This is where the idea of ‘the reader’ takes to the stage; this book is about far more, literary-wise, than Michael’s reading aloud in the bedroom. Michael realises that far from making the noted weak women of the concentration camps become her slaves, Hanna’s assigning them to read to her is an attempt to make comfortable what little time they have left. Although she later learns to read and write, Hanna is very much a reader.

In the subtext there is a question: is Hanna selfish? She provides money for a survivor to give to charities – in her, Hanna’s, name. She takes Michael to bed though he is underage and she affectively on the run. She gets those bound for the gas chambers to read to her. Are these displays of selfish or unselfish behaviour?

Both Hanna and Michael take control. Hanna controls Michael in the bedroom – not literally, but in experience – and Michael later controls their contact when she’s in jail. Michael uses Hanna’s imprisonment to atone for his guilt but only so much – he records himself narrating fiction but never goes to visit her. He exploits the literal and emotional distance between them.

Precisely because she was both close and removed in such an easy way, I didn’t want to visit her. I had the feeling she could only be what she was to me at an actual distance… How could we meet face to face without everything that had happened between us coming to the surface?

Michael liked the idea of Hanna and the teenage view of perfect love he had, he doesn’t want to spoil it; he doesn’t want to grow up, in fact – every woman he is with in his life is compared to Hanna. And he doesn’t want to face what’s happened. When Hanna leaves Michael, the reader will note she’s (finally) doing the right thing by him, taking her past with her, letting him be a child again and not rolled up in the affects of war, but of course he doesn’t see that himself.

This book isn’t atoning for involvement; it is the case that it shows how people could be pulled in – by the promise of more pay, for example – because as we know that’s a lot of what it was. We can compare Schlink’s writing of the events of WWII with Irene Némirovsky’s Suite Française: Némirovsky wrote of the war whilst she was living it as a person of Jewish heritage hiding from the Nazis. Both Schlink and Némirovsky show the human side of the Nazi party, or, rather, the human side to those who were at the bottom, the low-ranking soldiers who did what they were told to do, or at the very least did what they felt they had to do. Of course in Némirovsky’s case this is more profound, she’s giving a voice to fictional versions of the people who were hunting her down as she wrote, but both Némirovsky and Schlink write in such a way that asks for thought, does not suggest forgiveness nor ask for it.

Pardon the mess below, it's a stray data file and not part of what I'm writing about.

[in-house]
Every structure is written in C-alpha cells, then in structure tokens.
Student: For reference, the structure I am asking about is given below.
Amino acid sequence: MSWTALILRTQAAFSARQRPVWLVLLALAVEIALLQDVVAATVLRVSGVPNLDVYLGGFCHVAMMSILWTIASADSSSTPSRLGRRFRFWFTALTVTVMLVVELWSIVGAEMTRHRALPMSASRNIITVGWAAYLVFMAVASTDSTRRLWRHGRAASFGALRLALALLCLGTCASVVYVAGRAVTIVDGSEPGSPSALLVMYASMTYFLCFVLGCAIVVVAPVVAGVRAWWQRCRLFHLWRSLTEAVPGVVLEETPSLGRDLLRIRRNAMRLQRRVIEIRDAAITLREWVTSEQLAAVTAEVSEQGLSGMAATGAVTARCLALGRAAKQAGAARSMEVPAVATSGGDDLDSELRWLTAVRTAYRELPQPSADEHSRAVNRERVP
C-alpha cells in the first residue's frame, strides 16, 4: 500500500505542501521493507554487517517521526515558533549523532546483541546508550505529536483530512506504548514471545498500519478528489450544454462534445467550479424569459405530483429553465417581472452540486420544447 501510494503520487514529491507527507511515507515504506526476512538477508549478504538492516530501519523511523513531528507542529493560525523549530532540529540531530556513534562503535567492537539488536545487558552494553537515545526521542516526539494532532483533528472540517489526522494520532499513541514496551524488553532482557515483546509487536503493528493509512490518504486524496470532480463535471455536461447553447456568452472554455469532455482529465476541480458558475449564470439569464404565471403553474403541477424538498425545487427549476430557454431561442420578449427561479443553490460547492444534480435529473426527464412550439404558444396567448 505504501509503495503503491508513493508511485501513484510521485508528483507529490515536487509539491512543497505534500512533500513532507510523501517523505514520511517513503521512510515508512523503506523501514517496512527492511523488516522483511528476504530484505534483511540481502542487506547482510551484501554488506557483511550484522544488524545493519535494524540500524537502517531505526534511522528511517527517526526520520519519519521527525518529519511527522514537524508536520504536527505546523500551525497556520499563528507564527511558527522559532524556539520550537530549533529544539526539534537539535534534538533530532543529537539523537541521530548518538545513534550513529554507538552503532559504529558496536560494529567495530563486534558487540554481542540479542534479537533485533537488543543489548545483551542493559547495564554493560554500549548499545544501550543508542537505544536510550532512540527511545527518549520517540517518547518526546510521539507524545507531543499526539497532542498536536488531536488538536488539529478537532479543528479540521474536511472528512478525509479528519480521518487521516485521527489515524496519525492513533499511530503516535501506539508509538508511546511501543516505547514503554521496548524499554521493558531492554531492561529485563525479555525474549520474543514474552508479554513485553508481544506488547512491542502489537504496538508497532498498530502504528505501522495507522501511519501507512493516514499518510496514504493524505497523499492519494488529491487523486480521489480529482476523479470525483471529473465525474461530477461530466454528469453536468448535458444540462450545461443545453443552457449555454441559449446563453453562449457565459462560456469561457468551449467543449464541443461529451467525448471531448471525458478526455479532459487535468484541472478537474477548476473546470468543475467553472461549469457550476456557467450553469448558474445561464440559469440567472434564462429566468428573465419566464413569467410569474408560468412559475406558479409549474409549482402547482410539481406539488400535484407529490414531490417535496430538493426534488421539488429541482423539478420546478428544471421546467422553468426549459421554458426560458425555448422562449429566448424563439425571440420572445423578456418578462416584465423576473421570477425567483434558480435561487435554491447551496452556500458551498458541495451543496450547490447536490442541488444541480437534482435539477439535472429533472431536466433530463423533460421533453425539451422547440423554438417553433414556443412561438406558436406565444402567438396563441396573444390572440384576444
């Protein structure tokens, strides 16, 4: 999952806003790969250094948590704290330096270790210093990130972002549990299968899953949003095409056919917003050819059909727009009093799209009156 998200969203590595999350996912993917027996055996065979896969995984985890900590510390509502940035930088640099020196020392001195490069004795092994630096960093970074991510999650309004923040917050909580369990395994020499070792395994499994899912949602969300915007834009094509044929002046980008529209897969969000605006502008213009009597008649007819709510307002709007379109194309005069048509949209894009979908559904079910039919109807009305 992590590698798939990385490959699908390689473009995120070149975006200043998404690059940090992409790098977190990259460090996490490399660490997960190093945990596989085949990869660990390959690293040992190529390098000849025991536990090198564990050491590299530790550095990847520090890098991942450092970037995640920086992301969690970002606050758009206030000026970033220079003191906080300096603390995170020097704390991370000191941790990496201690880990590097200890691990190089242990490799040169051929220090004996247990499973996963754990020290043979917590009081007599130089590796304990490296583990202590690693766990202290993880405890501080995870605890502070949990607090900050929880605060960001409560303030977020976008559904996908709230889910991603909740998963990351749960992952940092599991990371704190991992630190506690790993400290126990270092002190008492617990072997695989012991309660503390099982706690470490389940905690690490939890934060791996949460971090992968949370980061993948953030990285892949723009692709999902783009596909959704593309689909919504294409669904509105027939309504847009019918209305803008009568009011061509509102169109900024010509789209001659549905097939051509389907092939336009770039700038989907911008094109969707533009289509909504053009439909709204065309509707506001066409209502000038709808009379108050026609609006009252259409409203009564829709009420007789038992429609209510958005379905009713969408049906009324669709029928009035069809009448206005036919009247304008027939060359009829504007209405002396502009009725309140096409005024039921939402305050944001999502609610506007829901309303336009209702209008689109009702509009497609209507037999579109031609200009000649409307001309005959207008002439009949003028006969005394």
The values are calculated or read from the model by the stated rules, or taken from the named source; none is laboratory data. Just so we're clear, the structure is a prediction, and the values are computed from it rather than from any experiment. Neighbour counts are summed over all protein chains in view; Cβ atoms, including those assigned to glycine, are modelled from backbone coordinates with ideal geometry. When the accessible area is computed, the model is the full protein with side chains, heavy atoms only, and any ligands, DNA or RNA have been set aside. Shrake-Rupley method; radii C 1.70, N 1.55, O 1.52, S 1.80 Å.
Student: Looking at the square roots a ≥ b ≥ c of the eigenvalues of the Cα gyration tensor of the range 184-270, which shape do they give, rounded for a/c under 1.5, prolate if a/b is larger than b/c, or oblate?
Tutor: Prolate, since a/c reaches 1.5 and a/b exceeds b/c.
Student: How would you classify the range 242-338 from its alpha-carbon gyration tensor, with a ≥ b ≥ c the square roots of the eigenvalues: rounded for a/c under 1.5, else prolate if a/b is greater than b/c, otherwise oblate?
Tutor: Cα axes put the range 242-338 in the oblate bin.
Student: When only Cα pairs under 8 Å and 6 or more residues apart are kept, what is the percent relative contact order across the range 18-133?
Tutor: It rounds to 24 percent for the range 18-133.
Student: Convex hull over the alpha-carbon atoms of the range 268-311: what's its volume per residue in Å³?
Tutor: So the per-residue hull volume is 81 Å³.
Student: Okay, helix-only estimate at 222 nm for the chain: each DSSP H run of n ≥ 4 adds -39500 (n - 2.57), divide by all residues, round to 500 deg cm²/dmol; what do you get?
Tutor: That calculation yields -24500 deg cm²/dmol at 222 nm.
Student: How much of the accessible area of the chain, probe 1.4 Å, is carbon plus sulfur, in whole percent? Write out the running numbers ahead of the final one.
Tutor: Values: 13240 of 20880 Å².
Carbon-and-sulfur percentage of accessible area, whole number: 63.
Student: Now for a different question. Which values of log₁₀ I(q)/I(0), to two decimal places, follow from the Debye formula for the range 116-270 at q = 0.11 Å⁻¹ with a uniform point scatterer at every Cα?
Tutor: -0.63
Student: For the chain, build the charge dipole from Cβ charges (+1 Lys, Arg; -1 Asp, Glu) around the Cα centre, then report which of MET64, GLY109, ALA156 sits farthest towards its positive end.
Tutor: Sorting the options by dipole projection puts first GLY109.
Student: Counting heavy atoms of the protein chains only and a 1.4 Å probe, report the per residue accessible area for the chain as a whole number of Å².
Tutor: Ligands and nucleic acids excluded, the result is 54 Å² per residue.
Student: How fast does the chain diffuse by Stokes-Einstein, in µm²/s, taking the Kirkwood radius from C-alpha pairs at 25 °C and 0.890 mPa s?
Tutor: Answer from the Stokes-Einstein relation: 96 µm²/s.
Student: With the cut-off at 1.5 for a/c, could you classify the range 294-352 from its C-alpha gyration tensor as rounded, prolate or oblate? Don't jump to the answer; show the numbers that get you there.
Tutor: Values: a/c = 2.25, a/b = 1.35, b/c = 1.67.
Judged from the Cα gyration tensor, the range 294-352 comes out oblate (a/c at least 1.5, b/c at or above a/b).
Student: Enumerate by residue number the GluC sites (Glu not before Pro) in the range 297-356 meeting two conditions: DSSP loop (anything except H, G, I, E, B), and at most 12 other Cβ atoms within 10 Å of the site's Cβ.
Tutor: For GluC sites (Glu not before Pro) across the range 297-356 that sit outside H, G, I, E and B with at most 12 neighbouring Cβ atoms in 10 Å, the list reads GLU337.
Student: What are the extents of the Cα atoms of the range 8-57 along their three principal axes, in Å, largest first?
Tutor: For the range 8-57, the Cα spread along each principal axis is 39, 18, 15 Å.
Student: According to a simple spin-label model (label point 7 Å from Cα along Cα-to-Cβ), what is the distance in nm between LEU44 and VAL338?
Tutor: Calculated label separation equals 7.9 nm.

It’s almost too obvious to state, but there is a lot of information about Auschwitz in The Reader, and about the role of women in the SS. The books ends in a way you may feel it ‘ought’ whilst showing there are far more reasons behind it than the ones on the surface.

A brief word on the writing – beautiful. Simple, to the point, and full of sub-textual imagery. The words may technically be Janeway’s but Schlink’s prose seeps through.

The Reader is a book of great magnitude. The potential for impact is high, the content hard to read but invaluable, the journey sad but necessary. It is a book for everyone.

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Elizabeth Chadwick – The Leopard Unleashed

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A leopard can/can’t change its spots – delete as applicable.

Publisher: Sphere (Little Brown)
Pages: 376
Type: Fiction
Age: Adult
ISBN: 978-0-751-54136-6
First published: 1992
Date Reviewed: 28th September 2014
Rating: 4/5

Renard has been in Antioch for a good few years, and as those years draw to an end he meets Olwen. He’s had dancing girls before, but Olwen sets him on fire and when she tells him she’s pregnant and needs to return with him, he allows it as his betrothed at home does not interest him. But Olwen’s after power as always, and when Renard finds he does like Elene, she moves on to his rival – a man who wants Renard’s lands far more than he wants to fight in the war between Stephen and Matilda.

The Leopard Unleashed is a solid offering from Chadwick, the last of her purely fictional works (the others being The Wild Hunt and The Running Vixen) with a story that may not have you staying up all night but will definitely have you reading until the end.

The editing isn’t so good; there are the usual errors and the usual sudden leaps in time that can be disappointing, however in this case they are particularly disappointing because they come at times such as a major disagreement or where an illustration of chemistry is needed. Instead of a continuation the issues are worked out off the page with simply a sentence or two to summarise and whilst in the case of Renard and Olwen’s affair it later makes sense, other times it does not.

This said the structure of the story overall is good. This book is one in which Chadwick concludes the story at the end of the story (sometimes books are continued passed their natural conclusion) and the balance between war and romance works well. Whilst Chadwick writes excellent scenes in the bedroom that for the most part further the development of the characters, The Leopard Unleashed contains few but still manages to show the characters well. The book is shorter for it, and it could be said that the structure is better, too. The book is certainly a romance but the rivalry strong. This doesn’t mean everything is clear, however – you will need to keep your wits about you as you read, not only because there are a few names repeated but because there are a few battles fought, numerous occasions where the men are waiting for war or entrenched in war, and there are various reasons for all of them. Indeed Chadwick’s book offers the reader a good reminder that whilst the royals might have been fighting for the kingdom, and their subjects chose sides and fought with them, as always local feuds can be more important.